Ionizing radiation is associated with genetic damage, which is causally linked to carcinogenesis. Exposure to ionizing radiation may lead to both morphological and functional changes. β-radiation can penetrate the skin for several centimeters, whereas high energy y-radiation can penetrate through skin tissue and traverse through the human body, if unshielded.
The extent of resulting injuries due to exposure to ionizing radiation depends on the total dose, proportion of body, volume of tissues exposed, as well as the duration of exposure to radiation. The most vulnerable organ systems include the bone marrow, reproductive system, gastrointestinal system, skin, muscles, and the brain.
When exposed to X-ray beam energy, part of it is absorbed by the body, which causes a release of energy in tissues, leading to subsequent cellular damage. One type of biological effect of exposure to ionizing radiation that can occur is the “deterministic” effect. It appears once a threshold is exceeded, and its clinical severity correlates with exposure intensity. Mainly, it represents a risk for patients’ skin and hair. The most common manifestations of deterministic effects are cutaneous. Thus, they are frequently referred to as “radiation dermatitis.” Transient erythema can occur in patients who are exposed to a radiation dose of >2 Gy, and severe tissue loss may occur with greater exposures.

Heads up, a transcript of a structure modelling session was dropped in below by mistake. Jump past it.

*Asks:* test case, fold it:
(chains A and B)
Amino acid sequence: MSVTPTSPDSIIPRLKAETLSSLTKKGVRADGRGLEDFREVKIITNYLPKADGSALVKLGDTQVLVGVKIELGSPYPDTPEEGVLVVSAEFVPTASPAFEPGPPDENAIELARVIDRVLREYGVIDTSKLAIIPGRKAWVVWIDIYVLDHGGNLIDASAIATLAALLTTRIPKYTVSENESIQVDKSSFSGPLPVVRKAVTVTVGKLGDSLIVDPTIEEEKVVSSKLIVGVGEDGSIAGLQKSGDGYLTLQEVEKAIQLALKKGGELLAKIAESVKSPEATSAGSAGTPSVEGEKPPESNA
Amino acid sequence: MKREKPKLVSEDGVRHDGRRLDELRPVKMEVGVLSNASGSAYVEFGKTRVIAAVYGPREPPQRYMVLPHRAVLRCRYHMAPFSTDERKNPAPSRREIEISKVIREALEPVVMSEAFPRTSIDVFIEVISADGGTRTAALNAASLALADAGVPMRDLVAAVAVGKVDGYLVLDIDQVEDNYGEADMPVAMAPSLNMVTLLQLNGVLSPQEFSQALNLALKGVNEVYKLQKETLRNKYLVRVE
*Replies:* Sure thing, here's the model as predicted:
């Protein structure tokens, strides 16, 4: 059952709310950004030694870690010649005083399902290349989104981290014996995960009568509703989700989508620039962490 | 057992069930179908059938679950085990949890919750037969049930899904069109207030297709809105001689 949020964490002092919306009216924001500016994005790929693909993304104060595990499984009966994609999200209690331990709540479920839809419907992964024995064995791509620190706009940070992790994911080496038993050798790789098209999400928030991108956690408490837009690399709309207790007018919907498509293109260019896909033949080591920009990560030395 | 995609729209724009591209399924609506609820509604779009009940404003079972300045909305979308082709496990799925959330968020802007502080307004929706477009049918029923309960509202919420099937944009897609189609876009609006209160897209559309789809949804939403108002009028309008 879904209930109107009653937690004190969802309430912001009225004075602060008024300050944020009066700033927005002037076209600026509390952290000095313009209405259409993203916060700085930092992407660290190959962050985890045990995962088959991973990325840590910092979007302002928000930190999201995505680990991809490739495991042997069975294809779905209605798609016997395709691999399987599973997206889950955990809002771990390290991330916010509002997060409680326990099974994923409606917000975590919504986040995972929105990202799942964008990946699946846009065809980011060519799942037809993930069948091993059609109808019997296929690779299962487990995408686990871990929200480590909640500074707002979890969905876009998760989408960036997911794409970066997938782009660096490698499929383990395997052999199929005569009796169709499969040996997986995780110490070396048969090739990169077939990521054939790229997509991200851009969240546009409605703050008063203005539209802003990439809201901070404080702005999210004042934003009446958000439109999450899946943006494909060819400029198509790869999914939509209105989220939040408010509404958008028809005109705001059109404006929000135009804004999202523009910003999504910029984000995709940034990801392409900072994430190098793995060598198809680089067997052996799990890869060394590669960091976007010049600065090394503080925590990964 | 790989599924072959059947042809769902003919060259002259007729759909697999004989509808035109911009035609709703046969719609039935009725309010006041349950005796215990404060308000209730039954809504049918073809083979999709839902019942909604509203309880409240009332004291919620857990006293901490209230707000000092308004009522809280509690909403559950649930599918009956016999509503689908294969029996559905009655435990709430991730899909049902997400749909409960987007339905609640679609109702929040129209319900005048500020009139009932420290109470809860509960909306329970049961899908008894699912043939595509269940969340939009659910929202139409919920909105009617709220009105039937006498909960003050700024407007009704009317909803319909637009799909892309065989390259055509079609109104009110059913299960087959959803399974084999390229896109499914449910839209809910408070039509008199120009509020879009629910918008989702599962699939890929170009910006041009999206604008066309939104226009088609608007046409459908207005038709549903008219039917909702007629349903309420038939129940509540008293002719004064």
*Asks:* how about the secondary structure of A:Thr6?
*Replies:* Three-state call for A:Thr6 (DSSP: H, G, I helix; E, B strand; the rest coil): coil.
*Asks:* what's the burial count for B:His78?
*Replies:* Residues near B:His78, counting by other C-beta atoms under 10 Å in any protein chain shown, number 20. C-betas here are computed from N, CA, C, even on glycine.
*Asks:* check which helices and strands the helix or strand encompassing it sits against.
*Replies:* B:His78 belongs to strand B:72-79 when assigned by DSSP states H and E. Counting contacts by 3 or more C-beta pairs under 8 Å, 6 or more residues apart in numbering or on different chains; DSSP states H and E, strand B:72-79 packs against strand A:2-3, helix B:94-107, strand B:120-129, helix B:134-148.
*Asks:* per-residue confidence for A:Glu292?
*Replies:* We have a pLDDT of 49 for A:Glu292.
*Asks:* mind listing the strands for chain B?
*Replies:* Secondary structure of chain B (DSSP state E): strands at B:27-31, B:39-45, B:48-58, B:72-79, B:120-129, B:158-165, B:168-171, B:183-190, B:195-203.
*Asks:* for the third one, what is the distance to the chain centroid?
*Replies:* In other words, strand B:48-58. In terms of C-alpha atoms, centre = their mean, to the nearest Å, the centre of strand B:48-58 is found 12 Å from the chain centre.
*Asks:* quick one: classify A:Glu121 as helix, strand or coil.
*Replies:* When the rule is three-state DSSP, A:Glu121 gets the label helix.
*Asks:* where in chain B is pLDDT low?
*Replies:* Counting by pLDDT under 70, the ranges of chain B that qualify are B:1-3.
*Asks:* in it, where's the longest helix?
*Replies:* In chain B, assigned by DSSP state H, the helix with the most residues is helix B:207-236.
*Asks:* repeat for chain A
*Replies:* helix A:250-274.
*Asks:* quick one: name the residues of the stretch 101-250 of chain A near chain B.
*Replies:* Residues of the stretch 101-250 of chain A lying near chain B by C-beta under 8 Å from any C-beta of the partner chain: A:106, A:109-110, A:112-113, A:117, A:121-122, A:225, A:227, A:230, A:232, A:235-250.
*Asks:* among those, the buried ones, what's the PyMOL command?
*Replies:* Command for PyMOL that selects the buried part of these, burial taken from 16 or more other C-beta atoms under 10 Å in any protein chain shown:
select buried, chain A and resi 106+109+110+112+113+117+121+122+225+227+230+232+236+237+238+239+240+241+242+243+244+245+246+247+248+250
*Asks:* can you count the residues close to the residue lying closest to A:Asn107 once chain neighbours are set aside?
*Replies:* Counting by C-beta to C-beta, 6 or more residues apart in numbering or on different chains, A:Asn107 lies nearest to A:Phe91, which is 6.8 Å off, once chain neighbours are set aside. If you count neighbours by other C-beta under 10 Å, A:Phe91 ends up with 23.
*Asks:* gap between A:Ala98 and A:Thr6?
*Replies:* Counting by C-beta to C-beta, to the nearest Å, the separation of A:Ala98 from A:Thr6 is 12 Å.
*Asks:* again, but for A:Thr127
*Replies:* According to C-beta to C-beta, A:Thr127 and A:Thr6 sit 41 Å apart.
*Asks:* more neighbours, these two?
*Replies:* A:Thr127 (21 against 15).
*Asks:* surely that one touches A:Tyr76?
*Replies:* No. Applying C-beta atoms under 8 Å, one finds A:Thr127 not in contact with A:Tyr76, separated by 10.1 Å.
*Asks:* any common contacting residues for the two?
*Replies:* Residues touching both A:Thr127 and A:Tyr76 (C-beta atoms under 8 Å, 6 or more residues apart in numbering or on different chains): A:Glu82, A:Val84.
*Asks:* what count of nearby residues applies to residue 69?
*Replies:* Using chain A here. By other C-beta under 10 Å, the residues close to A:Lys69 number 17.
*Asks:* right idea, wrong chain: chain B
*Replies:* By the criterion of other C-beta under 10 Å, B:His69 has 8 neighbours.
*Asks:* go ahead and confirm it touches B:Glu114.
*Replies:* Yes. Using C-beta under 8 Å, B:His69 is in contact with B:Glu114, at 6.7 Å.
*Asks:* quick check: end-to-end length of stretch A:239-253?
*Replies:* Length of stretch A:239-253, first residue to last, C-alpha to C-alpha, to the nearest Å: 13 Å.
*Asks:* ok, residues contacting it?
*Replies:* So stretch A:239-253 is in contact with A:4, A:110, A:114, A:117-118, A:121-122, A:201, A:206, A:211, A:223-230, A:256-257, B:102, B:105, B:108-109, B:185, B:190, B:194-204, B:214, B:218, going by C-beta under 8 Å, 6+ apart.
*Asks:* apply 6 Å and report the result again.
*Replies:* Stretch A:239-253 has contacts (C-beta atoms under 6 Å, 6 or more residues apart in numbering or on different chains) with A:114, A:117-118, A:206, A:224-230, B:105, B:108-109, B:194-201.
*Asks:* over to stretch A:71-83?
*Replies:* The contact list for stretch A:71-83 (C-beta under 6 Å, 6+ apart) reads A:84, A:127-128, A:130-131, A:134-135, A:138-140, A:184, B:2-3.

The expected benefits of radiation exposure should outweigh the potential health risks. Protection from radiation hazards should be maximized, with the aim of keeping the likelihood of harm and the number of exposed subjects as low as reasonably achievable (ALARA). Moreover, the radiation dose limits should not be exceeded.
Several skin changes have been reported to be caused by ionizing radiation, and radiation dermatitis remains a significant health concern. It occurs in almost 95% of cancer patients undergoing radiotherapy. Its severity may range from mild erythema to moist desquamation and ulceration.
In general, the awareness among non-radiologist physicians regarding the radiation risks and their knowledge of alternative examination techniques is a major requirement to reduce radiation-associated complications. However, medical professionals’ knowledge about radiation exposure during various radiological procedures remains suboptimal.,,
The aim of this study was to assess the knowledge of Saudi dermatologists regarding protection against hazards of ionizing radiation during computed tomography (CT) procedure.
| Subjects and Methods|| |
This study followed a cross-sectional study, in which Saudi residents, specialists, and consultants of dermatology working in the Kingdom of Saudi Arabia were included.